Cases of coronavirus in Israel are rising despite widespread vaccination, indicating the Pfizer-BioNTech vaccine may only be 64 percent effective against the Delta variant of the virus.
The country is currently experiencing a large surge in COVID cases, including among the vaccinated.
On May 30, Israel reached its lowest case total of the pandemic, with only five new cases.
The Middle Eastern nation is now recording around 300 cases a day – a staggering 5,900 percent increase.
Israel’s national expert panel on COVID-19 reported Monday that half of cases are among vaccinated adults, and they believe the Delta variant – which originated in India – is responsible.
The troubling figures emerged as the Delta variant has strengthened its hold in the United States, prompting fears of another surge.
California, the largest state in the country by population, reported Monday that the Delta variant is now their dominant strain – accounting for 36 percent of cases last month.
Nevada, Arkansas and Missouri are also dealing with large swells of cases, mostly of the Delta variant.
US health officials have maintained that the Pfizer vaccine is believed to be able to protect against the Delta variant and have yet to offer an official response to the trend in Israel.
COVID-19 cases in Israel are spiking, including among vaccinated people. A majority of people in Israel have been given the Pfizer vaccine, raising questions about the vaccines effectiveness
‘To some extent that could be expected since 85 percent of Israeli adults are vaccinated,’ said Ran Balicer, chairman of the panel.
‘But the rates in which we see these breakthrough cases make some believe they extend beyond that expected point and suggest some decrease in vaccine effectiveness against mild illness – but not severe illness – is likely.’
The Delta variant – which is more contagious than other known virus variants – has swept across the world in recent weeks.
Most of people have been vaccinated with the Pfizer vaccine, making experts worry it was have deficiencies in combatting the variant.
The vaccine was believed to be 94 percent effective at preventing cases of the coronavirus before the recent outbreak.
Balicer says it is too early to panic, or make any snap judgements about the efficacy of the vaccine, though.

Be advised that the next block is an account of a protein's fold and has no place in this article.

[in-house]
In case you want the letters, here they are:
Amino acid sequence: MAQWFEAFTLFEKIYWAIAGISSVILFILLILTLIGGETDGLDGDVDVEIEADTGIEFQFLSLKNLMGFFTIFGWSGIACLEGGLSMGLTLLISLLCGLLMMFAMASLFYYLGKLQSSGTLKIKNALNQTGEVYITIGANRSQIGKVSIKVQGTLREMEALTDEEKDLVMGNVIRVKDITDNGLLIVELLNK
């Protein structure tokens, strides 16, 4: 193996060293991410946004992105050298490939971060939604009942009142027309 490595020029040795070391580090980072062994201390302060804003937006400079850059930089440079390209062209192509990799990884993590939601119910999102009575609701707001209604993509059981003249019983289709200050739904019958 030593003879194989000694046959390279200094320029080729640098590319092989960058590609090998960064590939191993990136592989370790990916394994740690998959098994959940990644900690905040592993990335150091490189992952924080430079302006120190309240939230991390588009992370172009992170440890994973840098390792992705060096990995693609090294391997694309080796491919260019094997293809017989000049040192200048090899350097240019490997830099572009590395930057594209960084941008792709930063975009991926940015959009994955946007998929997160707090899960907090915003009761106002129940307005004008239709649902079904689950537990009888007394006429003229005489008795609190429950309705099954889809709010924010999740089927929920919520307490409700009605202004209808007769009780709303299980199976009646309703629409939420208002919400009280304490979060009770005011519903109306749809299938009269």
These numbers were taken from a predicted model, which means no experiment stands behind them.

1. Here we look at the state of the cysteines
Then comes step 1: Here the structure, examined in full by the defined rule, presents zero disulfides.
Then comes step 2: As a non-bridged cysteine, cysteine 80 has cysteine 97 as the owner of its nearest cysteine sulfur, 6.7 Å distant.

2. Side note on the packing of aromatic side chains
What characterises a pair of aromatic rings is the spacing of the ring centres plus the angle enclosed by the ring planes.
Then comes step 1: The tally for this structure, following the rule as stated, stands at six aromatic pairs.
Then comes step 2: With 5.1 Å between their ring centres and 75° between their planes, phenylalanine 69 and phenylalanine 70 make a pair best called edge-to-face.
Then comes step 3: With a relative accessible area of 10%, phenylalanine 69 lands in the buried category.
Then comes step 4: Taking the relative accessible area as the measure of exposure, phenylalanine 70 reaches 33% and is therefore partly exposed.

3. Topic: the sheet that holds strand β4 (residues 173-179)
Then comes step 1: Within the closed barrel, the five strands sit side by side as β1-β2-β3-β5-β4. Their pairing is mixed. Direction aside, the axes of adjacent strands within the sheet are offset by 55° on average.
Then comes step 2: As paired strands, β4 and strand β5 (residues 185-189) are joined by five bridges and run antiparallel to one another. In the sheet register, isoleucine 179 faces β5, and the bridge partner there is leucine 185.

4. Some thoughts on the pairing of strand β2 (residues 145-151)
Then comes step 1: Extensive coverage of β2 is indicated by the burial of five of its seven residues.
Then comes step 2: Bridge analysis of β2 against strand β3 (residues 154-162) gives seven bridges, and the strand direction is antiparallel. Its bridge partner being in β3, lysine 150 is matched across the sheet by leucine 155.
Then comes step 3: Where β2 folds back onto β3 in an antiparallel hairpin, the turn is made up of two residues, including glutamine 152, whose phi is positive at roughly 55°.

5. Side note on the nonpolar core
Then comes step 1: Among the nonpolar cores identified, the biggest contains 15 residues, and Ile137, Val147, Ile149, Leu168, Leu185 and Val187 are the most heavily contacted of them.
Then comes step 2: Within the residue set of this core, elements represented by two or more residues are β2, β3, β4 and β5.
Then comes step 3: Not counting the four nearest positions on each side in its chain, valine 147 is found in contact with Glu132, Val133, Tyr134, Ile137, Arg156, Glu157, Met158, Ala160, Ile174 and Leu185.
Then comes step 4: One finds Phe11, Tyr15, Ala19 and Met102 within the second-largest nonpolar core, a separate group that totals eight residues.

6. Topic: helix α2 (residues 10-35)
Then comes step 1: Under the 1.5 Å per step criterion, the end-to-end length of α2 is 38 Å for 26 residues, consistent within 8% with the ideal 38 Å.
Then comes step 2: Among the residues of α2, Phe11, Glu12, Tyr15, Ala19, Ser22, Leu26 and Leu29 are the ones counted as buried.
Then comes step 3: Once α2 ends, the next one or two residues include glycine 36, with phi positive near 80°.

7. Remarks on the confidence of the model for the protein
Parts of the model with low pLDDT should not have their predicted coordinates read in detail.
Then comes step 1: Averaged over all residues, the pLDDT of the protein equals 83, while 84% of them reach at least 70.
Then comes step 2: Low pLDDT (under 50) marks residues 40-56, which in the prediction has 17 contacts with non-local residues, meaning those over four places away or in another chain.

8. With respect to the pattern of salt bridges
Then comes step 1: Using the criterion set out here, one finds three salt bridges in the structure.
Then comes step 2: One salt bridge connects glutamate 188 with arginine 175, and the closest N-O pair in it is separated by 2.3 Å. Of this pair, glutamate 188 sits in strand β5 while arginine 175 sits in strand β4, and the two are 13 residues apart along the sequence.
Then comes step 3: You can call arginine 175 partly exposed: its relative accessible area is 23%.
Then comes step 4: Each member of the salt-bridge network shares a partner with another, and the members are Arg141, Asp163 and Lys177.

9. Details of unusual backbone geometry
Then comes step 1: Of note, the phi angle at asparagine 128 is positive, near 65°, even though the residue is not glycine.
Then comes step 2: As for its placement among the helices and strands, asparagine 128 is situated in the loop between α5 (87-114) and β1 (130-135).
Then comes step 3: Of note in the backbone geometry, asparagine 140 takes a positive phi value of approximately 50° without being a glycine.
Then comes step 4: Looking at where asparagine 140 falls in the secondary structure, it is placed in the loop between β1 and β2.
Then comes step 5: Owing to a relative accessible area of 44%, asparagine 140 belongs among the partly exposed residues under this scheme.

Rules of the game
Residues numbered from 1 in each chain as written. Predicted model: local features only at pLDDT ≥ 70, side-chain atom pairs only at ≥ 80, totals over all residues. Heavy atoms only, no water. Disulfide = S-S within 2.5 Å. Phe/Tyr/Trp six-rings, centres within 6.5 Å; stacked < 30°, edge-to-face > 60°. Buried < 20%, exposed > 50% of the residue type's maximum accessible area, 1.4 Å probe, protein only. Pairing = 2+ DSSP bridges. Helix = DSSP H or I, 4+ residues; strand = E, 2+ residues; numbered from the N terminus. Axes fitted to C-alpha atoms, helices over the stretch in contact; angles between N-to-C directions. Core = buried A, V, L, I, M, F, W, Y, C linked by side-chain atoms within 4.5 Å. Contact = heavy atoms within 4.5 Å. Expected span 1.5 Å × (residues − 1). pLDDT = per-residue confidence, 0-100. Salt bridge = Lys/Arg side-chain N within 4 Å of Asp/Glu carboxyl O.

‘[It’s] too early to precisely assess vaccine effectiveness against the variant,’ he said.
Ran Balicer (pictured), chairman of Israel’s national expert panel on COVID-19, said it is too early to judge the Pfizer vaccine despite the early data
The Delta variant was largely responsible for the massive case surge in India over spring, and caused over 200,000 deaths in the country so far this year.
It has since spread elsewhere, and will likely be the world’s dominant strain in the near future.
The United Kingdom is another victim to the variant.
From the start of June to early July, cases in the country have increased from 3,300 a day on average to 24,000 on average – a 627 percent increase.
English health officials believe that over 90 percent of active cases in the country are of the Delta variant.
Manufacturers of the other two available vaccines in the United States both announced last week that they have data that shows effectiveness against the Delta variant
Johnson & Johnson announced on July 1 that their one-shot vaccine has shown in clinical trials that it is effective against the Delta variant.
‘We believe that our vaccine offers durable protection against COVID-19 and elicits neutralizing activity against the Delta variant. This adds to the robust body of clinical data supporting our single-shot vaccine’s ability to protect against multiple variants of concern,’ said Dr Paul Stoffels vice chairman of the Executive Committee and Chief Scientific Officer at Johnson & Johnson.
Moderna, which manufactures a two-shot mRNA vaccine similar to Pfizer’s, announced last week that they believe their vaccine is effective against the variant as well.
‘As we seek to defeat the pandemic, it is imperative that we are proactive as the virus evolves. We remain committed to studying emerging variants, generating data and sharing it as it becomes available,’ said Moderna CEO Stéphane Bancel
‘These new data are encouraging and reinforce our belief that the Moderna COVID-19 Vaccine should remain protective against newly detected variants.’